Melbourne native Courtney Barnett released her debut full-length album Sometimes I Sit and Think, and Sometimes I Just Sit last week. Listen to the full album stream above.
At first glance, the album might come across as apathetic. With song titles such as "Dead Fox" and "Nobody Really Cares If You Go to The Party," the listener might think that Courtney Barnett put out a sad-core album. But those superficial observations do no justice to the songs' thoughtful complexity.
Sometimes I Sit and Think, And Sometimes I Just Sit is far from apathetic. The album tackles a diverse range of social topics including environmentalism, gentrification, and poverty. Barnett provides descriptive insight into the roadblocks that an intelligent twenty-something might face, and she does it with rebellious anger and wit.
On all accounts, this is a deeply intimate and personal album. In "Pedestrian at Best," Barnett delves into self-loathing and quarter-life existentialism. She tackles social anxiety, feelings of shame, loneliness, and inadequacy with such candor and vividness that the listener can't help but be pulled into some dark places with her.
The lyrical word painting that pervades the album is nothing short of masterful. Barnett has the ability to take a mundane environment and ascribe vivacity to it. "Depreston" is a clarion call to address the effects of gentrification. Yet, she achieves this simply by describing the items left behind by the previous tenant. The lyrics in any given song never feel overwhelming or poorly executed, which is impressive considering the high volume of lyrical content.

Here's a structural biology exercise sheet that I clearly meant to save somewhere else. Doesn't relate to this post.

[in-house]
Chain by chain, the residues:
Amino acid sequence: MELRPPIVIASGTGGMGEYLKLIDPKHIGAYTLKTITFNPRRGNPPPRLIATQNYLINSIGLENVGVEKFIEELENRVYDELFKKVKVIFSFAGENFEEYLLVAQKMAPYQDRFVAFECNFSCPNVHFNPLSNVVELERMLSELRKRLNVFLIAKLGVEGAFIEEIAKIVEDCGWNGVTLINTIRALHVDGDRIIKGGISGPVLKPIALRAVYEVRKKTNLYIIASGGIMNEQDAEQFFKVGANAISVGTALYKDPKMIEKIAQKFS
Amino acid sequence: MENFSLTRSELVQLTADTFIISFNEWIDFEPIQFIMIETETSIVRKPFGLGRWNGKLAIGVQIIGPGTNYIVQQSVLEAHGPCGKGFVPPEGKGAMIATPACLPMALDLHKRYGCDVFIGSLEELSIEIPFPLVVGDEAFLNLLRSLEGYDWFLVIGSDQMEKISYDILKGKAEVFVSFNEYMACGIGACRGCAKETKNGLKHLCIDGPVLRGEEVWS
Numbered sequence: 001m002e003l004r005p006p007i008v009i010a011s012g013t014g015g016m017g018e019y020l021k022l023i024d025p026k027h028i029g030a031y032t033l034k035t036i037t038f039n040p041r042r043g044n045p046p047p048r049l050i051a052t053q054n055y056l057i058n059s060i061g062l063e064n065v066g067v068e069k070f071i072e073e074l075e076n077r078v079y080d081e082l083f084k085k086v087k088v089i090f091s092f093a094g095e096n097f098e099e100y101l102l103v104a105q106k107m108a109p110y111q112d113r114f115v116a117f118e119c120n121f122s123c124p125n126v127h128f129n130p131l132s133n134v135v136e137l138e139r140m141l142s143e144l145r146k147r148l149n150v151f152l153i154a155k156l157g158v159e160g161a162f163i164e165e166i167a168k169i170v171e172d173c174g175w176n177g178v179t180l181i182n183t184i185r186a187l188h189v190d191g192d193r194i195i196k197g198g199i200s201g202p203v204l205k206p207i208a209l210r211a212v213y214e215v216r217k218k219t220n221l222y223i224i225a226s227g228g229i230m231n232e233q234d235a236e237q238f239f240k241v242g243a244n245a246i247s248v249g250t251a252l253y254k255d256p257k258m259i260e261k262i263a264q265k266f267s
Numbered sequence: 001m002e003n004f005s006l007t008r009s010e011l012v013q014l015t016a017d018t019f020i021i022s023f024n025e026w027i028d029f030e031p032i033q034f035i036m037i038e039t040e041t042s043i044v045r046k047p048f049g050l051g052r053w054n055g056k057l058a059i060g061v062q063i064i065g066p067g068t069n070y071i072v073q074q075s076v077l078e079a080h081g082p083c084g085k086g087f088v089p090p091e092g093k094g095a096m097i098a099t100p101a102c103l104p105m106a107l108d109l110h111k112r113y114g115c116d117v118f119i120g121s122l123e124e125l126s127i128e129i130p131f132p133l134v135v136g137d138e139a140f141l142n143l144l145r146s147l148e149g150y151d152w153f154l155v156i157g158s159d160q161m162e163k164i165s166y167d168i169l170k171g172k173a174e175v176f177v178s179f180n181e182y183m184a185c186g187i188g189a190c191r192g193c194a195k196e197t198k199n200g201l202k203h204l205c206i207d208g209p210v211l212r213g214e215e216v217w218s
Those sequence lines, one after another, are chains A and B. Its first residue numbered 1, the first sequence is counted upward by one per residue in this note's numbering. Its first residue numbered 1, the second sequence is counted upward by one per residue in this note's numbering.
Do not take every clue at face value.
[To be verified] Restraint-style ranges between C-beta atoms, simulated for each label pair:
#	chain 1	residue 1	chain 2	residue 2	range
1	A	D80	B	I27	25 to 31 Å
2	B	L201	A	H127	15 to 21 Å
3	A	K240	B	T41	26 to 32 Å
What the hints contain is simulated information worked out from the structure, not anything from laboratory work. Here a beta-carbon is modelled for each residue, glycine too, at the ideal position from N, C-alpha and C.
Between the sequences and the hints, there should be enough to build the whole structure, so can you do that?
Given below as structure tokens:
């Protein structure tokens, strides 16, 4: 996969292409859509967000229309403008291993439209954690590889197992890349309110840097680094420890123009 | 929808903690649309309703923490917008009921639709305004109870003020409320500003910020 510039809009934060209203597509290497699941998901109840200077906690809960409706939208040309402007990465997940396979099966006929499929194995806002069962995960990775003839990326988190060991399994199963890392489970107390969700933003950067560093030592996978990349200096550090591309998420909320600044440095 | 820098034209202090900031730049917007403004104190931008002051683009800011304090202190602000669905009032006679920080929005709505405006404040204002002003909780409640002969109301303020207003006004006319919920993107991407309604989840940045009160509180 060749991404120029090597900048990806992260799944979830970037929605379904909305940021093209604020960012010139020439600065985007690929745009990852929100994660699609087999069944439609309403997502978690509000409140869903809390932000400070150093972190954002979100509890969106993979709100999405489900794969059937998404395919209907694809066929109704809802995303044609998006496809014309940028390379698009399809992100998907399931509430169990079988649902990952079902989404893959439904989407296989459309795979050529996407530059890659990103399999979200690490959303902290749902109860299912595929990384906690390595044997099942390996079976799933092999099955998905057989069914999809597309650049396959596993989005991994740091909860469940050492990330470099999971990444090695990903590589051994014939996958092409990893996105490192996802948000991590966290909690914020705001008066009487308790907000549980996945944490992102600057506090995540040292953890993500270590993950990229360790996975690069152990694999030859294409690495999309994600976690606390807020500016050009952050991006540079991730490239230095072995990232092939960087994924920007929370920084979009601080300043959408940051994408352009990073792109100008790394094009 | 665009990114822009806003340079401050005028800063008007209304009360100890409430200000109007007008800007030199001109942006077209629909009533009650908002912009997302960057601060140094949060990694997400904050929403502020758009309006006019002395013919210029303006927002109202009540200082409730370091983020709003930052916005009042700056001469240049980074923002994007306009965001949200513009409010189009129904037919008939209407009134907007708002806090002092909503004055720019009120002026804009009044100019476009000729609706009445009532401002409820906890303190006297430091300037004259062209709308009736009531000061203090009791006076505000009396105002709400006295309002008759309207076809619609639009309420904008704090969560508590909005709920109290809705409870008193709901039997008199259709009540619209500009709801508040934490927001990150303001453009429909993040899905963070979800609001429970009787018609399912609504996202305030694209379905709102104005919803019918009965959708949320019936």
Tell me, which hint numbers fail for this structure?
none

Barnett has an innate ability to alternate between pressing issues and humorous self-deprecation. In a seemingly innocuous moment, she'll jab the listener with something thought provoking. In "Aqua Profunda!" -- a comedic track about failing to impress an attractive swimmer at her pool -- she manages to sneak in political snark with the lyrics, "My lack of athleticism, sunk like a stone / Like a first owner's home loan."
The album's musical style parallels that of a righteously angry version of Cake. She uses a lot of spoken word, backed by standard rock instruments. The album walks a fine line between mellow indie sensibilities and alternative rock. If it went too far in either direction, the album might feel tacky and overproduced. Barnett's approach creates a more potent and challenging album for her listener.
Courtney Barnett's gift for wry, unabashed storytelling lends an insight into what troubles a socially and comically aware 27 year old. Her commentary often deals specifically with her native Australia, but all of her concerns are ultimately universal. Sometimes I Sit and Think, and Sometimes I Just Sit is a runner for the best debut album of the year so far, and likely will still be considered so come awards season.
For Courtney Barnett's latest music, news, and tour dates, check out her Zumic artist page.